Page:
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CONFERENCE SCHEDULE UPDATES & CHANGES: As a result of the prolonged government shutdown, we experienced a number of cancellations and changes to the schedule. Cancellations and changes are listed here (as of January 26, 2019). 
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Tuesday, January 29 • 2:00pm - 2:20pm
(CANCELLED) (FISHERIES: EARLY LIFE HISTORY) Larval Drift Sampling for Scaphirhynchus Sturgeon in the Mississippi and Missouri Rivers

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AUTHORS: Kevin Haupt, U.S. Fish and Wildlife Service; Hae Kim, West Virginia University Division of Forestry and Natural Resources; Donovan Henry, U.S. Fish and Wildlife Service; Sara Tripp, Big Rivers and Wetlands Field Station Missouri Department of Conservation; Quinton Phelps, West Virginia University Division of Forestry and Natural Resources

ABSTRACT: Larval fish sampling can provide insight into early life vital rates, abundance, and drift dynamics. In riverine environments, larval fish drift dynamics may influence early-life survival. Further, field and lab studies have shown that drift dynamics vary across species. Thus, information during this life stage is imperative for proper conservation and management of riverine fishes. However, successfully sampling larval fishes in riverine environments presents various challenges (e.g., spatial and temporal coverage and sampling effectiveness). As it relates to Scaphirhynchus sturgeon, these challenges are exasperated when targeting larvae in fast flowing reaches of the Missouri and Mississippi rivers. Prior research suggests that Scaphirhynchus sturgeon are benthic post-hatch. Our objectives were to determine drift dynamics and origin of Pallid Sturgeon in the Missouri River, Middle Mississippi River, and Upper Mississippi. We sampled in river reaches above and below the confluence of the Misssouri River, above chain of rocks and below chain of rocks on the middle Mississippi. We employed two 1000µm mesh, rectangular framed-nets off both sides of the boat. Weights (45kg) were affixed to the bottom of each net, to keep nets upright. Additionally, flow-meters were affixed to the mouth of the nets to measure volume of water filtered. Nets were deployed from the boat via an electric winch. Sampling commenced in mid April and ended in late June.  Overall, approximately 3,500 larval drift samples were collected during the study period.  Preliminary results indicate we have captured drifting Scaphirhynchus sturgeon throughout the water column (i.e., surface, middle, and bottom) at all river reaches.  To this end, employing larval drift nets throughout the water column may provide additional insight into Scaphirhynchus sturgeon life history that will inform conservation and management of these species.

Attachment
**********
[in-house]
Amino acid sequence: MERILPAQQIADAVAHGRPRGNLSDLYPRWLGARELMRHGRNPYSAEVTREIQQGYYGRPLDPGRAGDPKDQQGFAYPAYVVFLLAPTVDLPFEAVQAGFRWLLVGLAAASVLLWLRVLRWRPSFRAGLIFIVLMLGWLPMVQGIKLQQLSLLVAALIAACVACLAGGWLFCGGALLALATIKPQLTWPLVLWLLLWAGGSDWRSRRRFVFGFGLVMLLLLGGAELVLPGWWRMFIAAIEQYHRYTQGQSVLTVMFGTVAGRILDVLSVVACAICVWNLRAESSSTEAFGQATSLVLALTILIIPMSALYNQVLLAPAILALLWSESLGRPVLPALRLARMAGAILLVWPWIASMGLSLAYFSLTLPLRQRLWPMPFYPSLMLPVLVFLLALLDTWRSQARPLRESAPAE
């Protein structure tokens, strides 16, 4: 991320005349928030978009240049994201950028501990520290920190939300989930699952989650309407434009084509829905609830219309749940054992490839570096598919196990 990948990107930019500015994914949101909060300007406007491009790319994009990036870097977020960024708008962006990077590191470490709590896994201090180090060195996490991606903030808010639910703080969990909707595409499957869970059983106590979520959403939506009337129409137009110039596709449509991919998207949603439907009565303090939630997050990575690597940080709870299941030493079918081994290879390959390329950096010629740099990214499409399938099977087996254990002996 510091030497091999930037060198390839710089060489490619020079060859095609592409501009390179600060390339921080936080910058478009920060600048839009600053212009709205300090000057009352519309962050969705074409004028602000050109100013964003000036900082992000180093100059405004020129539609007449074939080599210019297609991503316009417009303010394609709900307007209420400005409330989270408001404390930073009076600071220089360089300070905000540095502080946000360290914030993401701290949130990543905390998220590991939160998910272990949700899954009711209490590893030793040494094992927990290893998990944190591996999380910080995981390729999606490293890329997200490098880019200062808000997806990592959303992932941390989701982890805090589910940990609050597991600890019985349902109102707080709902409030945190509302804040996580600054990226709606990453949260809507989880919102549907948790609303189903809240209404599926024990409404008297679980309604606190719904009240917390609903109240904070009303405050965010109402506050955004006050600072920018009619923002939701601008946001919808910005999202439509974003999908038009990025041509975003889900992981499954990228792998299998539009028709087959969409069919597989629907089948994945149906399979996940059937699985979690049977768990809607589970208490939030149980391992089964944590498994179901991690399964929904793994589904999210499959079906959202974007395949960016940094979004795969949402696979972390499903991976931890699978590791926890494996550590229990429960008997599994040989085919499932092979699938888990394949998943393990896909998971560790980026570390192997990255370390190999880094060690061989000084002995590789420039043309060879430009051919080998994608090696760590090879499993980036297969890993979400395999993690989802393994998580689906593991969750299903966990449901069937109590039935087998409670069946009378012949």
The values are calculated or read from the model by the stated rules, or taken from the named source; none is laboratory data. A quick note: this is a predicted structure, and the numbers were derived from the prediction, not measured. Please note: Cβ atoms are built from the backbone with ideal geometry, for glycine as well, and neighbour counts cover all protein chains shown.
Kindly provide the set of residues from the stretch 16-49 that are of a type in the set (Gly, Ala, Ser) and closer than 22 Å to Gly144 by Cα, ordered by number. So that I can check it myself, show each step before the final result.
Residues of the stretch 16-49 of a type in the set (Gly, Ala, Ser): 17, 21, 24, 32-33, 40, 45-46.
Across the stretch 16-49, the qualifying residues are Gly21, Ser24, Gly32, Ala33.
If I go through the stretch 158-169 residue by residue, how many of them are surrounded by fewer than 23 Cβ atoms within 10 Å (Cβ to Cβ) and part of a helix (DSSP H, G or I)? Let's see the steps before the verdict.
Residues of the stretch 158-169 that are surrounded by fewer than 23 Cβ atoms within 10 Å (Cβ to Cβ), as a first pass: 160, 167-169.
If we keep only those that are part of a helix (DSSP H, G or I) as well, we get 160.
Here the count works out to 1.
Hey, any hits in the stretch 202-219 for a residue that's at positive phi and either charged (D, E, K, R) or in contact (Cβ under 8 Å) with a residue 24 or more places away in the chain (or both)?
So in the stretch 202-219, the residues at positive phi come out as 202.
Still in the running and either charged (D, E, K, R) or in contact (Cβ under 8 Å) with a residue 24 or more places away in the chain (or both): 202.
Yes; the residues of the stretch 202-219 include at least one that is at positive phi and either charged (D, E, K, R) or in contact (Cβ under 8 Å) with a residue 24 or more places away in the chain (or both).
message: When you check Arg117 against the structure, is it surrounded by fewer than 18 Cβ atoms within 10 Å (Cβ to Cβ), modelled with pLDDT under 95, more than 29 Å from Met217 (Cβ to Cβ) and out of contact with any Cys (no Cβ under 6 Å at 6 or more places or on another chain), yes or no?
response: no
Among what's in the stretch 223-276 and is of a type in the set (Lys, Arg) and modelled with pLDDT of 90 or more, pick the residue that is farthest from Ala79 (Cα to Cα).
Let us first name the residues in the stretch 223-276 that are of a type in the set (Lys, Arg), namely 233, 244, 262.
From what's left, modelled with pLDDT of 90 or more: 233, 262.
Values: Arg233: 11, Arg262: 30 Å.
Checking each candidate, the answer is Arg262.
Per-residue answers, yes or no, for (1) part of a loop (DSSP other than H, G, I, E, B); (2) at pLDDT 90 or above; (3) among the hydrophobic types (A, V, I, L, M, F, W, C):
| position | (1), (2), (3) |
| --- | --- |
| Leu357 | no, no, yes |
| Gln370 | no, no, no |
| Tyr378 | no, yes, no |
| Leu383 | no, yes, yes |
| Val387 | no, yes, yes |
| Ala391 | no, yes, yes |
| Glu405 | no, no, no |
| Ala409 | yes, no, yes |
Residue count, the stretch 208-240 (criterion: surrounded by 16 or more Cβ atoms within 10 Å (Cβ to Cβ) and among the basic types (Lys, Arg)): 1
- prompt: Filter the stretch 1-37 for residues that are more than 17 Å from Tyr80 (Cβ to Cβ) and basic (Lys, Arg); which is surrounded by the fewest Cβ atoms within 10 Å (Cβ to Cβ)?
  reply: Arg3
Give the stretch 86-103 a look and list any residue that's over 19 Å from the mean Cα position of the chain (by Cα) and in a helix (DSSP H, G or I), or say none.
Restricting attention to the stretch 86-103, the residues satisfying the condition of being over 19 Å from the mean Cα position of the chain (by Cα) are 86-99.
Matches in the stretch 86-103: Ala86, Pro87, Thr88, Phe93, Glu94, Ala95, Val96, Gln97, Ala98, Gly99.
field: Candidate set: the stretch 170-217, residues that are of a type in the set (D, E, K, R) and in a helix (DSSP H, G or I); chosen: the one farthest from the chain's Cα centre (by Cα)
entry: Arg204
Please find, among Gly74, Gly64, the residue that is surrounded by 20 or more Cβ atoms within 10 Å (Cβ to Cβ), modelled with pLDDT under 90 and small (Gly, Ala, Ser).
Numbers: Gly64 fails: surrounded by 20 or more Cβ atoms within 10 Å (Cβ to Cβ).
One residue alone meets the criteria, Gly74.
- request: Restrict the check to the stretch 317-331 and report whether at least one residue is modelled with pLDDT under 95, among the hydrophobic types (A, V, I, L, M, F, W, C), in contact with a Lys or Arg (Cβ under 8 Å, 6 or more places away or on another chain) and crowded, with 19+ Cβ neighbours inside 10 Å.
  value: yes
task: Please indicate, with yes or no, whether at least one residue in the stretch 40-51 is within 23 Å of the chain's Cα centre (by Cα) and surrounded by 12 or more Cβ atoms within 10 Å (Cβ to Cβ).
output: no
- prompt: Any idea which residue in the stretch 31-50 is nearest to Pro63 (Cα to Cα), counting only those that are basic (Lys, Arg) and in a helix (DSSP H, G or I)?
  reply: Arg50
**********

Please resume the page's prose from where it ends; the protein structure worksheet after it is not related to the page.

Tuesday January 29, 2019 2:00pm - 2:20pm EST

Attendees (4)